Reform Jews seem to be particularly divided on the subject of celebrating the spooky, now-mostly-secular holiday of Halloween. In “Tricks, Treats, and Tradition: Being an American Jew on Halloween,”Rabbi Rebecca Einstein Schorr shares some of the holiday’s known origins and explains what makes her uncomfortable about the holiday – namely the “tricks” element of trick-or-treating (through she writes that, ultimately, she does allow her children to celebrate Halloween, albeit in an understated way).

So what’s the norm among American Jewry? Well, first of all, let’s get something important out of the way. People often ask, “Is Purim akin to a Jewish Halloween?” Rabbi Victor Appell is here to answer the question (spoiler alert: The answer is no) and explain why.

Wednesday, October 4, 2017

Sukkot in Jerusalem: A Precarious Balance

This article is from by BY 

I grew up in a Reform Jewish community in eastern Long Island. Sukkot was the holiday after Rosh HaShanah when we finally said “farewell” to summer. The weather turned cooler, heavy coats emerged from moth-ball encased slumber, and the screen doors were replaced with storm windows. There were two sukkot (plural of sukkah; a small outdoor hut used during Sukkot) in the neighborhood synagogue – one on the bimah of the synagogue and one in the synagogue’s parking lot. They were decorated with local flora – pine branches, maple leaves, and bull rushes from the shores of the Great South Bay. As a religious school student, I remember going into the sukkah, singing songs, and chanting the blessings, but we never ate in the sukkah or slept out there – it was just too cold.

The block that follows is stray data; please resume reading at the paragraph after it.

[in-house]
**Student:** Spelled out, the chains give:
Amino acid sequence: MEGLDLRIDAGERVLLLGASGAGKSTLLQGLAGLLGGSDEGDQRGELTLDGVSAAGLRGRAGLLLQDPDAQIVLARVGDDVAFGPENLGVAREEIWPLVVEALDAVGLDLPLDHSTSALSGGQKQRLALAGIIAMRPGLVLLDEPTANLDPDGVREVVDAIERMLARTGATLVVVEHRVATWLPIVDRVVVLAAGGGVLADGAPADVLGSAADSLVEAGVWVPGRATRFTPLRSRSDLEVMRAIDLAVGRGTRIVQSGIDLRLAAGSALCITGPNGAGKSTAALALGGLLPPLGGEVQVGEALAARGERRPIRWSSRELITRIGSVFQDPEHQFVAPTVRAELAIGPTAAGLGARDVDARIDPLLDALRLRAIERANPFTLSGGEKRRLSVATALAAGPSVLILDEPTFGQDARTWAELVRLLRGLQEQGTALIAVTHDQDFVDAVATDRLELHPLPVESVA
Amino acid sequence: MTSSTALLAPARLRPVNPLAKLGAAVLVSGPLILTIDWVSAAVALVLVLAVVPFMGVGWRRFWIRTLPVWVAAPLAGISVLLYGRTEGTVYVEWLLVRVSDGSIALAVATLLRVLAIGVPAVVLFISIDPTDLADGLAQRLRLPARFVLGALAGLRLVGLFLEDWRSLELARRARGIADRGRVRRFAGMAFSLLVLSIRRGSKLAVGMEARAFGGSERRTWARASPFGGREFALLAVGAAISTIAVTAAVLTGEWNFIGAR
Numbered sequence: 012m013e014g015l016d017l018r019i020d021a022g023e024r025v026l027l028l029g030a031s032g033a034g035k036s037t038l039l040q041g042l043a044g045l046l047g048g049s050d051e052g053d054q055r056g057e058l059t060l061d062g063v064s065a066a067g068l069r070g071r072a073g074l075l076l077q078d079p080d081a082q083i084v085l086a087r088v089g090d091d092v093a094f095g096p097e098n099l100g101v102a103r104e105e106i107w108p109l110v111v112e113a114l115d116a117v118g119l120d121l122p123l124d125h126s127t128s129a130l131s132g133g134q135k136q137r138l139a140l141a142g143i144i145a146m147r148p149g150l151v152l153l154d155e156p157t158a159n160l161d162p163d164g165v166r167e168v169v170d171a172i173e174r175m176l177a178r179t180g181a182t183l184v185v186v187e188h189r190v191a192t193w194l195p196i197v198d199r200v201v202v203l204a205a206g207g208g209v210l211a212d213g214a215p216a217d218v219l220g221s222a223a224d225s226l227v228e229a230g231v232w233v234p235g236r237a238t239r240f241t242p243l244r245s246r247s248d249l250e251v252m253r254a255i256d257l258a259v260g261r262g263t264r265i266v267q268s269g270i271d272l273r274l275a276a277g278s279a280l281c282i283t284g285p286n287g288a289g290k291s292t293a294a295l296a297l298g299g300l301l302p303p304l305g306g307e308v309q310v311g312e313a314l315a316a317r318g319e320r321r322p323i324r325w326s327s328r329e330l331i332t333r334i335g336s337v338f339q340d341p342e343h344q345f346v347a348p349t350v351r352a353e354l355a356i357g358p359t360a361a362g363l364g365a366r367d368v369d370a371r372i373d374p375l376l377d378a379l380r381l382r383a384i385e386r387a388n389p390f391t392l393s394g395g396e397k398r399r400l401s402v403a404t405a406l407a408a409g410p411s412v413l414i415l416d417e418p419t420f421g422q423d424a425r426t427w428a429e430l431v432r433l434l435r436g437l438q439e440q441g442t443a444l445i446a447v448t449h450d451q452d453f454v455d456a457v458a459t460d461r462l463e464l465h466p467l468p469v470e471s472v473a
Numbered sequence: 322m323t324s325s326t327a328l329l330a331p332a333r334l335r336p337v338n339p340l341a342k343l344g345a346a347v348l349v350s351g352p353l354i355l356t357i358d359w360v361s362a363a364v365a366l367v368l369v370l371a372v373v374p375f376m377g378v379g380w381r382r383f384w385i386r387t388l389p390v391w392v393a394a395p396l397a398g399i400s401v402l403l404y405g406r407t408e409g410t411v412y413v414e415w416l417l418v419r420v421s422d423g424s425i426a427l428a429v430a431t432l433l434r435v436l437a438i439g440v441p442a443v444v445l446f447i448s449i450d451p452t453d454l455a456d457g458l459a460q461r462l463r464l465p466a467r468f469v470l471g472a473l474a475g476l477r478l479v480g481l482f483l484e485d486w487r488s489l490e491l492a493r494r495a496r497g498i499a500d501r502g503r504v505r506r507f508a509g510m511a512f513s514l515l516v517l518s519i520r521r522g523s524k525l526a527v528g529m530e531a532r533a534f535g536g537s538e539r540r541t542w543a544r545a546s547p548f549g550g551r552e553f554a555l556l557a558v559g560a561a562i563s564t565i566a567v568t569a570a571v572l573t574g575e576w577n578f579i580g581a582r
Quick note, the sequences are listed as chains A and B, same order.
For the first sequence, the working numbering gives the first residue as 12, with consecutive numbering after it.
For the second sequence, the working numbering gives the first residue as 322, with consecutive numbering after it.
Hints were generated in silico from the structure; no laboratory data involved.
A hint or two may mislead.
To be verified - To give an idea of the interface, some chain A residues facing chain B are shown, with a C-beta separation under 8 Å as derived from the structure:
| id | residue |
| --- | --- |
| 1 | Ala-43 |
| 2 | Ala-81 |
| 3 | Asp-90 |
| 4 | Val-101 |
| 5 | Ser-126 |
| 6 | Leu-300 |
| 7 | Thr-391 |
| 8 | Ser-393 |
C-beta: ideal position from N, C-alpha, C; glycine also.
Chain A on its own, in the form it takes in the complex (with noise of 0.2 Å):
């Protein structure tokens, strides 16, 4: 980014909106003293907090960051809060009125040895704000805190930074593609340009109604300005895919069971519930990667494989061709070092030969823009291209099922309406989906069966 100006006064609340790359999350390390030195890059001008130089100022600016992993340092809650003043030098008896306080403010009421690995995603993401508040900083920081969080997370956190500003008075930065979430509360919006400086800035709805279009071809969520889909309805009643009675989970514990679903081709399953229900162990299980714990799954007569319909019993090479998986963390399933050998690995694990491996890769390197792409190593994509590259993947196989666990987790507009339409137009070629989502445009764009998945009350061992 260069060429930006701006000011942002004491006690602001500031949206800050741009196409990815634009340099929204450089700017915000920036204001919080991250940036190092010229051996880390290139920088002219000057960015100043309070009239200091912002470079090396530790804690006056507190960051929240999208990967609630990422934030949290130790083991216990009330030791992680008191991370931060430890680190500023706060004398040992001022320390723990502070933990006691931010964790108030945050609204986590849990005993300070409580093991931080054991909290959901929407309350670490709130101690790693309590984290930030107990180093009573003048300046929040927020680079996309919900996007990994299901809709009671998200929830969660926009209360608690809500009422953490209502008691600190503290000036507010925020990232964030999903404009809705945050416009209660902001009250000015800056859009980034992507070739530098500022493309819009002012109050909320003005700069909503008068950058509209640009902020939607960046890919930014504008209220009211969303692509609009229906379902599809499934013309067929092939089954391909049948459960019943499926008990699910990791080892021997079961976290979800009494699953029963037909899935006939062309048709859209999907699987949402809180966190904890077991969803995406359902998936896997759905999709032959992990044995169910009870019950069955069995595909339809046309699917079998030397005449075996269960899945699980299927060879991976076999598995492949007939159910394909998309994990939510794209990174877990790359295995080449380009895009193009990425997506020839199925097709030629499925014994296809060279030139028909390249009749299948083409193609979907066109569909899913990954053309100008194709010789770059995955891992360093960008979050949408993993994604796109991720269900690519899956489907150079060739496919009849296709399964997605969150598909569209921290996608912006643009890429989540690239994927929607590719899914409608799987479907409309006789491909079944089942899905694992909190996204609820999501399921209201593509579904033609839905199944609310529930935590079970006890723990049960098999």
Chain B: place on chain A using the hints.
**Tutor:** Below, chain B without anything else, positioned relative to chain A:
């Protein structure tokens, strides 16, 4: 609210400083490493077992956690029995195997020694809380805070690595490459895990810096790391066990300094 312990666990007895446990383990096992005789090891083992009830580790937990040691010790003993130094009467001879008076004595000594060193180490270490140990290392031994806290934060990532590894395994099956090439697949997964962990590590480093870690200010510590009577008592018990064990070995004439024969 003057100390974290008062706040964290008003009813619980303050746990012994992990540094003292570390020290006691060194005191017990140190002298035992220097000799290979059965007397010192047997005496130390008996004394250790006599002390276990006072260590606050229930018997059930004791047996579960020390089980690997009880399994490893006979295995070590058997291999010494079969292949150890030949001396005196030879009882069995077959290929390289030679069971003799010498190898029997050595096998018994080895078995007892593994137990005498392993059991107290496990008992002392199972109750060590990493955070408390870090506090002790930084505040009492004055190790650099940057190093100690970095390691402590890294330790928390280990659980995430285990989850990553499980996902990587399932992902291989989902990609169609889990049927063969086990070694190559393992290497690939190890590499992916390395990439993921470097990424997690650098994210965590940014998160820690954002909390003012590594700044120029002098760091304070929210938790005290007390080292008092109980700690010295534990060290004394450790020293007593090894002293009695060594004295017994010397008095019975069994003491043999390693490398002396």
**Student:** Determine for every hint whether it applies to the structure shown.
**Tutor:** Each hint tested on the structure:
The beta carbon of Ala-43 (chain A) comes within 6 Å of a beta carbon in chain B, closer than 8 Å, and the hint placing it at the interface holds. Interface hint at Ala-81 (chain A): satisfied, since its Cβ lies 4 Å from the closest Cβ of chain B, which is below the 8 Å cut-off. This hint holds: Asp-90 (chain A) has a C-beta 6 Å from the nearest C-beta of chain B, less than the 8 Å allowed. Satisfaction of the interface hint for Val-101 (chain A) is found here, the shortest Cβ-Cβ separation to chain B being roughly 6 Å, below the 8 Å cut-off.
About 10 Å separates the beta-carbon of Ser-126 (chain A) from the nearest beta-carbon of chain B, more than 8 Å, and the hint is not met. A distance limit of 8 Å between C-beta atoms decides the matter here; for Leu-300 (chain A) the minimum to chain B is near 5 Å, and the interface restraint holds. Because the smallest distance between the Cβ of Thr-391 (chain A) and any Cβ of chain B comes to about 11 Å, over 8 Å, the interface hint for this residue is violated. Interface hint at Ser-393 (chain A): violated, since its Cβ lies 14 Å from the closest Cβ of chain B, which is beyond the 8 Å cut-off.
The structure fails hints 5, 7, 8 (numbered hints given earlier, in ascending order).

When I moved to Los Angeles and began my tenure as the cantor at Temple Isaiah, my husband Rabbi Donald Goor and I embraced the yearly building and decorating of our sukkah. Our home sat on a hill overlooking the entire San Fernando Valley and the Santa Monica Mountains provided the perfect backdrop for our seasonal structure. We invited friends to help decorate and each year the sukkah had a theme: one year it was super heroes, another year it was famous Jewish women, and in 2001, just weeks after the attack on the World Trade Centers, we decorated the sukkah in red, white, and blue.

Tuesday, September 26, 2017

News for the New Year

26 September, 2017/6Tishrei 5778

Shalom Mishpachot/Dear Families:

October 5, we are having our first MISHPACHA of the year, a parent/child family education program, centering around the holiday of Sukkot. For grades K-2, it is from 4:00-5:00.  For grades 3-7, it is from 5:00-6:00, and we do need an RSVP for these older grades (if you already RSVPed, you do not need to again; you 3 know who you are). Morah Saragail is leading this wonderful program.